Anke: The fun part… I mean it was also fun to do the project obviously. Earlier I was asking you about your relationship to art and if you would think that art is a form of recreation for you?

Lauren: When you said that it made me think of how it’s probably just as likely to be a famous artist as it is to be a pro sports athlete. They’re probably both as rare, but I’m sure athletes make more money.

Anke: And also probably they wouldn’t say “yes, I do sports for my recreation.”

Lauren: I would do art for my recreation. Right now I don’t think I would do social practice art for my recreation. My recreational art is making things out of clay.

Anke: Oh, yeah. Me, too. Thanks for reminding me!

Lauren: Forms of art I find relaxing are not the kind that I do for my work lately. It’s a little too much like a real job now. I actually started off this year thinking about this topic, maybe recreation or our discussion last year about what you would do for fun and how you could make it into a project? When I did the karaoke project here, or a walk in the woods, various things, sometimes it started to feel like work and I’ve been contemplating that. It was fun, it just felt like the expectations were different … And also I wasn’t consuming it. I was creating the experience, which is a lot more work.

Anke: Yeah.

Lauren: Anyway, exercise and sports is something I was always an observer of and that continued with our project. We were looking at it through this conceptual lens.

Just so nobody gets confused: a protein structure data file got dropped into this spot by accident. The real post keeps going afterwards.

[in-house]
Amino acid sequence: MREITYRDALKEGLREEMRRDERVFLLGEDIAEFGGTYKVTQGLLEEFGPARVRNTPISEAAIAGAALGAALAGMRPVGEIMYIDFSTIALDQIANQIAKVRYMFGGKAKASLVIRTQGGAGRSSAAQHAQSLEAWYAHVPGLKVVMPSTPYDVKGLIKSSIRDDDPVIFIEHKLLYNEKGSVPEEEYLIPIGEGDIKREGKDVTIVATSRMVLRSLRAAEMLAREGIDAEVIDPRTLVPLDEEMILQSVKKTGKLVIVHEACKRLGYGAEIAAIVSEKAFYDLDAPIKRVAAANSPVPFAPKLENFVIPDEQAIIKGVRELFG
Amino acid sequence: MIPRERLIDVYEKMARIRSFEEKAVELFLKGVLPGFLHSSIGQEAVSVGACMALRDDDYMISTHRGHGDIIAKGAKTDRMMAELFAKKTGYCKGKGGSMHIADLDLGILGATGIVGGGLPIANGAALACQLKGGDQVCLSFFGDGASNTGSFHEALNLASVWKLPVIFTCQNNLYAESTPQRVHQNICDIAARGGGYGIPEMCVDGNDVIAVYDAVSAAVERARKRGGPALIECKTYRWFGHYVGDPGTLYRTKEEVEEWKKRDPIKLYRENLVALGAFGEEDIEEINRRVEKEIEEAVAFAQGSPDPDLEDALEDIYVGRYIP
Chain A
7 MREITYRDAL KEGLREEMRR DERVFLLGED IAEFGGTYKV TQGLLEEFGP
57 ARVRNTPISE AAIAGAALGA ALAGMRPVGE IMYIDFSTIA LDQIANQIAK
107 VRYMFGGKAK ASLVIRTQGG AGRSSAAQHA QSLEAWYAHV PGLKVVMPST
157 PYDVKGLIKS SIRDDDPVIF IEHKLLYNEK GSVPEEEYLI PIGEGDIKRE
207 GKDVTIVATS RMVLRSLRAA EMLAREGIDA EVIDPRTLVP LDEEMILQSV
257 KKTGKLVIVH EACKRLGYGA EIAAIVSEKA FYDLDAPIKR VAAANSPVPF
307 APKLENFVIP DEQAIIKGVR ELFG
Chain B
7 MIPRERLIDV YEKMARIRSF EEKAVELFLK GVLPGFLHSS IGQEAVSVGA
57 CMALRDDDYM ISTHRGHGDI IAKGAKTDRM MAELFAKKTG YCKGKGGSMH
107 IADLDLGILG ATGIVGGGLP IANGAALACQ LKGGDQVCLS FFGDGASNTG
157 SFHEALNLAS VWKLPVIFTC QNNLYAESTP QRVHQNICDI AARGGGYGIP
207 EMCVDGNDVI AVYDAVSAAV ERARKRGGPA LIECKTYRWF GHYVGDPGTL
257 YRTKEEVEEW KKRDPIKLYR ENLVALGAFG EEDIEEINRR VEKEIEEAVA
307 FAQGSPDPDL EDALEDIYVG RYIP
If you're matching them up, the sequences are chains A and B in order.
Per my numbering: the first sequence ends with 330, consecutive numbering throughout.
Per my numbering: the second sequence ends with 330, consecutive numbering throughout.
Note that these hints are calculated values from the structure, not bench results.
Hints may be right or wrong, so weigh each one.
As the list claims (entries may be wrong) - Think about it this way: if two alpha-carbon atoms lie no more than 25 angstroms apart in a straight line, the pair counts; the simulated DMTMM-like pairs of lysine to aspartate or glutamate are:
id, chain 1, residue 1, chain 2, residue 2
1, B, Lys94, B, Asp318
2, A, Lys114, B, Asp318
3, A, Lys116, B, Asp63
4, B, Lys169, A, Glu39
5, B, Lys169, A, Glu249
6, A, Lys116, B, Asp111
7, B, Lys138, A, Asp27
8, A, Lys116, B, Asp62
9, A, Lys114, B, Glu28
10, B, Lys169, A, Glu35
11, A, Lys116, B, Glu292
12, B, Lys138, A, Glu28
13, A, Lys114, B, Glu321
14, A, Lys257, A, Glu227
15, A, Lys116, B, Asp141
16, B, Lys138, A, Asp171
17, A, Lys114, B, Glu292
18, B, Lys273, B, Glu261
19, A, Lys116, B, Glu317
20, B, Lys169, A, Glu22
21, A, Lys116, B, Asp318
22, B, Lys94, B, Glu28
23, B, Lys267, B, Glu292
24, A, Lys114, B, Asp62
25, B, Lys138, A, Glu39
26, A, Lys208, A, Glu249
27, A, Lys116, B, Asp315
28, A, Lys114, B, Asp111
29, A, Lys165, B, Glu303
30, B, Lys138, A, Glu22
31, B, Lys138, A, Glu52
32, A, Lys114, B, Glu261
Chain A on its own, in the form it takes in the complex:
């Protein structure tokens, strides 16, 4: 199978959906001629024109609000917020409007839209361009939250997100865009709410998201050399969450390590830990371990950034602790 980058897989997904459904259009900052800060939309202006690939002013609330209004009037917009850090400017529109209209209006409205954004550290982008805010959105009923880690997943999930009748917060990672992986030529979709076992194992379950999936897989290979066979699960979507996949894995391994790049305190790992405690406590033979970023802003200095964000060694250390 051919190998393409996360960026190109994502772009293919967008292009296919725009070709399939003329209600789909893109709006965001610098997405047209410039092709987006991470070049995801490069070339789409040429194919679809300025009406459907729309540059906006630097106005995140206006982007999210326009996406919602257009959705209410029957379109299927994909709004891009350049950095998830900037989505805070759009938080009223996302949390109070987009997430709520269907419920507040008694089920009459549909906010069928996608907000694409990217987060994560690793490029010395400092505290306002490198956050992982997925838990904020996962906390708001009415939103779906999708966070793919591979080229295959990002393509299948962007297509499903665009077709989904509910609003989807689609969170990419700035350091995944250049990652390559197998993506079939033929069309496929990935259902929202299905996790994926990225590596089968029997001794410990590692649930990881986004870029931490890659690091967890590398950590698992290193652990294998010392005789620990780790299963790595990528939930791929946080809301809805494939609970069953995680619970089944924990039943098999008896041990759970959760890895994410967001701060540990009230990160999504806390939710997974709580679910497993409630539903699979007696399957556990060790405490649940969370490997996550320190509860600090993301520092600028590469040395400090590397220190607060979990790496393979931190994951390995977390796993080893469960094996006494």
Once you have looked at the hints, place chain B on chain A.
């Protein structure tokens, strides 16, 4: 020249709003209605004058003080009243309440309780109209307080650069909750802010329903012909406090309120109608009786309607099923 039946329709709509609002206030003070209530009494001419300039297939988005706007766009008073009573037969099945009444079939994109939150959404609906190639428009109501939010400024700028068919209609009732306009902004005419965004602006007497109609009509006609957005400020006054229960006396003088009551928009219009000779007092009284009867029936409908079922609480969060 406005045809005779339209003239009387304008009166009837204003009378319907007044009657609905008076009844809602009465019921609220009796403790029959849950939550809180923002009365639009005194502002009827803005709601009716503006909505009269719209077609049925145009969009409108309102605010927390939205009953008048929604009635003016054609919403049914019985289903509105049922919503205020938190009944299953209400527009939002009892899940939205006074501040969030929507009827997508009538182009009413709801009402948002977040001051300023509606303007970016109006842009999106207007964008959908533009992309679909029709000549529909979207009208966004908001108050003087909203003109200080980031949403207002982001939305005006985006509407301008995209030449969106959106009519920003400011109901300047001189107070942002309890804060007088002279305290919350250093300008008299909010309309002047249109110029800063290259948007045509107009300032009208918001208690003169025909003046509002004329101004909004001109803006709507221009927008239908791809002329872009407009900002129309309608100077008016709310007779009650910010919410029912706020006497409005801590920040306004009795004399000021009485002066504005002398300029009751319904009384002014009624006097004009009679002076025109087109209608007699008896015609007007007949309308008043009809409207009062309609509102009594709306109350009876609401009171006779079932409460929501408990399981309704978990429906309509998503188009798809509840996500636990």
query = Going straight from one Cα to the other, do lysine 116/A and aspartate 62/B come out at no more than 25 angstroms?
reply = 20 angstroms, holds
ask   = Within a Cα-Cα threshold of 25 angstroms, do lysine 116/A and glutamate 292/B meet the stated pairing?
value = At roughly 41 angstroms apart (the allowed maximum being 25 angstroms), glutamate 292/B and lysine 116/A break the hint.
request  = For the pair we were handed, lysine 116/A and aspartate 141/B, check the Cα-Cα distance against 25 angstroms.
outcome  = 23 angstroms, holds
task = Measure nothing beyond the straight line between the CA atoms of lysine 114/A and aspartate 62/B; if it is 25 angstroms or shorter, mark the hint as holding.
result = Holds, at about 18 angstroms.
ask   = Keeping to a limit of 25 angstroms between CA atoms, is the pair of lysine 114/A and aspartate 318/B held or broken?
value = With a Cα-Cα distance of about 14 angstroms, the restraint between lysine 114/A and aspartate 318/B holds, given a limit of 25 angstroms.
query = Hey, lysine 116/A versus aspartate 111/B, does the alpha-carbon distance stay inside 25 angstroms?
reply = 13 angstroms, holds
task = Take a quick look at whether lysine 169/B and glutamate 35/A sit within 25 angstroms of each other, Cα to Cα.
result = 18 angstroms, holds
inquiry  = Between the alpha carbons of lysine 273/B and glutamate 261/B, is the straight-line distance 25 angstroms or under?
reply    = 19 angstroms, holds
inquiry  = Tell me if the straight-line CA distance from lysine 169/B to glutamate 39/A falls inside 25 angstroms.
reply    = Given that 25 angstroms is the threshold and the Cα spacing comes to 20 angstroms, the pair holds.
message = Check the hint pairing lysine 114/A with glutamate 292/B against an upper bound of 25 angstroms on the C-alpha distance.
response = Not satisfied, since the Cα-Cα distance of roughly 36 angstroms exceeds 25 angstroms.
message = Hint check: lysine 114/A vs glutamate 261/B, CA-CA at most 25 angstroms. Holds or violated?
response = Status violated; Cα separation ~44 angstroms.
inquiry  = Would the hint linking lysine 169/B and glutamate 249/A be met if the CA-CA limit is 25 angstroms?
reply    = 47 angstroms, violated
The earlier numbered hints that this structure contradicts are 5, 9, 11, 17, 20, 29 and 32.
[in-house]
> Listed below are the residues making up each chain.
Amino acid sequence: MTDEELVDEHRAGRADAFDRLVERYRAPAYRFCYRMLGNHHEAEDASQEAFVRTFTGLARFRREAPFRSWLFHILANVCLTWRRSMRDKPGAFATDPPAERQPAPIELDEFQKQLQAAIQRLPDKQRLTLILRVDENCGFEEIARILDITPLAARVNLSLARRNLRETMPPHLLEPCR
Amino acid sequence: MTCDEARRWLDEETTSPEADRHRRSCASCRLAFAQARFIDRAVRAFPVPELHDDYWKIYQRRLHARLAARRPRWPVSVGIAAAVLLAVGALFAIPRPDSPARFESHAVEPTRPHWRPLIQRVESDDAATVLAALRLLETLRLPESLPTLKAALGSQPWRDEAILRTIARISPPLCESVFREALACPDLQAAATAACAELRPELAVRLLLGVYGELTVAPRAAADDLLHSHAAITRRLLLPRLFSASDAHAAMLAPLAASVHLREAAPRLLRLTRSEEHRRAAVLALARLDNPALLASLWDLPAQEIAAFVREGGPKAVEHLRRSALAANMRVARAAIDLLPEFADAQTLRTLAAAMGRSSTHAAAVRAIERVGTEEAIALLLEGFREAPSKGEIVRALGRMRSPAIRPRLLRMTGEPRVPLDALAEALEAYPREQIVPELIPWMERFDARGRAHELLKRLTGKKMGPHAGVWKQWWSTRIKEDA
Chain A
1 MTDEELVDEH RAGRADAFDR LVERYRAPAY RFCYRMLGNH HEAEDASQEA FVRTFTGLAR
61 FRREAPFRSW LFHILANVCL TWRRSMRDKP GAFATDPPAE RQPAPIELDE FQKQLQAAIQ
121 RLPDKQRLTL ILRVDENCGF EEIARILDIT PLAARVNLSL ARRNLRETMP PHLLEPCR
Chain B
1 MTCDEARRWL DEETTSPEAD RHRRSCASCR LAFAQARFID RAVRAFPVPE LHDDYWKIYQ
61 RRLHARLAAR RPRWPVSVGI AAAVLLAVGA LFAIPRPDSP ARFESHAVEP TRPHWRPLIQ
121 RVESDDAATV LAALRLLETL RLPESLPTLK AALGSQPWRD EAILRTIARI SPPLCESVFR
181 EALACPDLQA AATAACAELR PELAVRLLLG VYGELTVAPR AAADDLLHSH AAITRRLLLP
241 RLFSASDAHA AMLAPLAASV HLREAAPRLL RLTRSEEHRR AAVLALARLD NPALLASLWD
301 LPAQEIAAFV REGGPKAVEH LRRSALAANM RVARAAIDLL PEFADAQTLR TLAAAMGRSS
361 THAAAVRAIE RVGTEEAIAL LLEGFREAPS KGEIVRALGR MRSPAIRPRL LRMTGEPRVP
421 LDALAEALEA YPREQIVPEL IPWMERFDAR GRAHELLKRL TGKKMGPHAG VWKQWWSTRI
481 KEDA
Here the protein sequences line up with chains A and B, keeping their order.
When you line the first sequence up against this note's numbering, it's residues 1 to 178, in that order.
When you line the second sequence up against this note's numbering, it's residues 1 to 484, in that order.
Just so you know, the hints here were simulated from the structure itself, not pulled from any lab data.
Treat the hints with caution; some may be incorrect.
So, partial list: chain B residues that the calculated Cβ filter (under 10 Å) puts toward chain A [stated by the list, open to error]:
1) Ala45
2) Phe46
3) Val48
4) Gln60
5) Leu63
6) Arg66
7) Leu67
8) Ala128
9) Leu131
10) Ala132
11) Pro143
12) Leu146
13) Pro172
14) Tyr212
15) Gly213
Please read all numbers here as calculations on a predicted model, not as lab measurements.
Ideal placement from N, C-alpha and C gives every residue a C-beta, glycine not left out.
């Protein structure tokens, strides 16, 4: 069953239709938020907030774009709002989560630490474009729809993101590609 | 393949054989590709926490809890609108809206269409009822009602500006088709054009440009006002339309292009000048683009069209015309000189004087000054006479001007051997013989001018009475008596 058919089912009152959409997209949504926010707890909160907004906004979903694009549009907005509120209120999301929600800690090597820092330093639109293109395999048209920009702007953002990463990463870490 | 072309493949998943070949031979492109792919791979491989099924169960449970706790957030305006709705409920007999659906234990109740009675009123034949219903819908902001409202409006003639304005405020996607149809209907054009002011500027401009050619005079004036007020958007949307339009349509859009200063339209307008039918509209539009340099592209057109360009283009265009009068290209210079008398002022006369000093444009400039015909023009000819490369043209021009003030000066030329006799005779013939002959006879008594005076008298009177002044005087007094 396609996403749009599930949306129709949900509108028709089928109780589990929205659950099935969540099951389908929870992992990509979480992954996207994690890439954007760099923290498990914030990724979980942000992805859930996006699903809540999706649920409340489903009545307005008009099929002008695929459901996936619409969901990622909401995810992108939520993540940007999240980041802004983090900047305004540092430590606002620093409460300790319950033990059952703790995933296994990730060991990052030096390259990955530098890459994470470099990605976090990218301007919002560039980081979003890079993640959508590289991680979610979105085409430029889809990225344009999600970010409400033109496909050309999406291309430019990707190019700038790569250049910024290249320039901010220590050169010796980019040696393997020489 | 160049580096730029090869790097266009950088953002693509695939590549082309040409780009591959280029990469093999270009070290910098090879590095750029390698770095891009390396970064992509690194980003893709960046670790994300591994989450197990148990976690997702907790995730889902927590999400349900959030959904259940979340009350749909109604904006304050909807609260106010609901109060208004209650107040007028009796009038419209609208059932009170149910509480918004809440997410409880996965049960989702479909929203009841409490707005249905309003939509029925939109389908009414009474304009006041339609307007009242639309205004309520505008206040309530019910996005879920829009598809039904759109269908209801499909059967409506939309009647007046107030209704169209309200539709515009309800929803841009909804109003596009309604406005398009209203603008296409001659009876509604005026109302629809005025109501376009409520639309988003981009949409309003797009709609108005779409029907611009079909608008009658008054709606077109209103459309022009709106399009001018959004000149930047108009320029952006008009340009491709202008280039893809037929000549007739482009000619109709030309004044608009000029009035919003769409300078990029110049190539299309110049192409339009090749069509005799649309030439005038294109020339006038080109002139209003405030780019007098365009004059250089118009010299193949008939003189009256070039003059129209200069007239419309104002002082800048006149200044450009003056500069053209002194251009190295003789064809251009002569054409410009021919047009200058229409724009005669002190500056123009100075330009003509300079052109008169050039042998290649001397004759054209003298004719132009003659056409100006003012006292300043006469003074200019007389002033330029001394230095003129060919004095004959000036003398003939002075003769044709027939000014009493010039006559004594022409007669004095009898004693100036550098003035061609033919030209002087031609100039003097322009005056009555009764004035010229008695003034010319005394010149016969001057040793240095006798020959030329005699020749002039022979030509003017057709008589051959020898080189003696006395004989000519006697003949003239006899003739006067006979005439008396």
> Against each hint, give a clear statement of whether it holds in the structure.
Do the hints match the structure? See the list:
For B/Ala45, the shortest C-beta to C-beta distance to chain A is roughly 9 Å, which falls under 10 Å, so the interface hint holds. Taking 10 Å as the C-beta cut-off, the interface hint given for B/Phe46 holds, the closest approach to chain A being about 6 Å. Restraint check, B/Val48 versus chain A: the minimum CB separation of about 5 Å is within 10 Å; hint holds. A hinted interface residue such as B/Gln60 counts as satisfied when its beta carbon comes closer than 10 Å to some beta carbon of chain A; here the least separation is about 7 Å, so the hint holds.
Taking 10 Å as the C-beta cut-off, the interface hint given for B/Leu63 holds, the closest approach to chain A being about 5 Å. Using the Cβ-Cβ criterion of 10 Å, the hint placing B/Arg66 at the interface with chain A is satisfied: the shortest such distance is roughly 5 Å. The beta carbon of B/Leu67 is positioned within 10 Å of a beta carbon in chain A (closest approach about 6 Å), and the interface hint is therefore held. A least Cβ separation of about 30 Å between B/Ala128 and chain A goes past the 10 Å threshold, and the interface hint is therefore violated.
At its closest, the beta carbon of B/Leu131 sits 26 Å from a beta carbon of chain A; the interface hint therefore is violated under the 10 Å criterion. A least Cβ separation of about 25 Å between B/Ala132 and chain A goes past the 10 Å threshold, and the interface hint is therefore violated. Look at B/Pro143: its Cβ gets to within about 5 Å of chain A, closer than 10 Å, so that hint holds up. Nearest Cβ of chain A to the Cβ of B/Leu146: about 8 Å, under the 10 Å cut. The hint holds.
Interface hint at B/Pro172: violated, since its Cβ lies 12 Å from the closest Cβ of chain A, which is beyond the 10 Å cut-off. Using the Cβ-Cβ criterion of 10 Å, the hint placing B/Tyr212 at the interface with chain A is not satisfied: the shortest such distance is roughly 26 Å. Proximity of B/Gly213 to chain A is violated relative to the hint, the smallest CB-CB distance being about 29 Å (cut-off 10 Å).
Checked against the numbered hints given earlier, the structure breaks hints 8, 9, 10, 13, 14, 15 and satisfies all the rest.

Anke: I really liked how this serendipitously came together, being offered the residency at the Rec Center. We went to have a look at what we could do there and while walking around you pointed out how this looks like a museum building-

Lauren: Right, it felt like a museum tour.

Anke: Yeah. I really liked that and ever since you said that I thought “for sure, there are so many aspects to that building that have a similarity to a museum.”

Lauren: Yeah.

Anke: The concrete walls and all the coloring.

Lauren: I wonder if a sports person would go to an art museum and be like ‘oh, you could really play basketball in here.’

Anke: That’s such a funny idea, yeah.

Lauren: It’s interesting to come at non art things from that lens of everything is you know-

Anke: An art space.

Lauren: Yeah.

Anke: I definitely have that lens a lot and I really love that.

Lauren: Me, too. So that’s how it started. We took the tour and we were like “Oh yeah, this is like a museum tour. What if we make it into a museum?” And then we-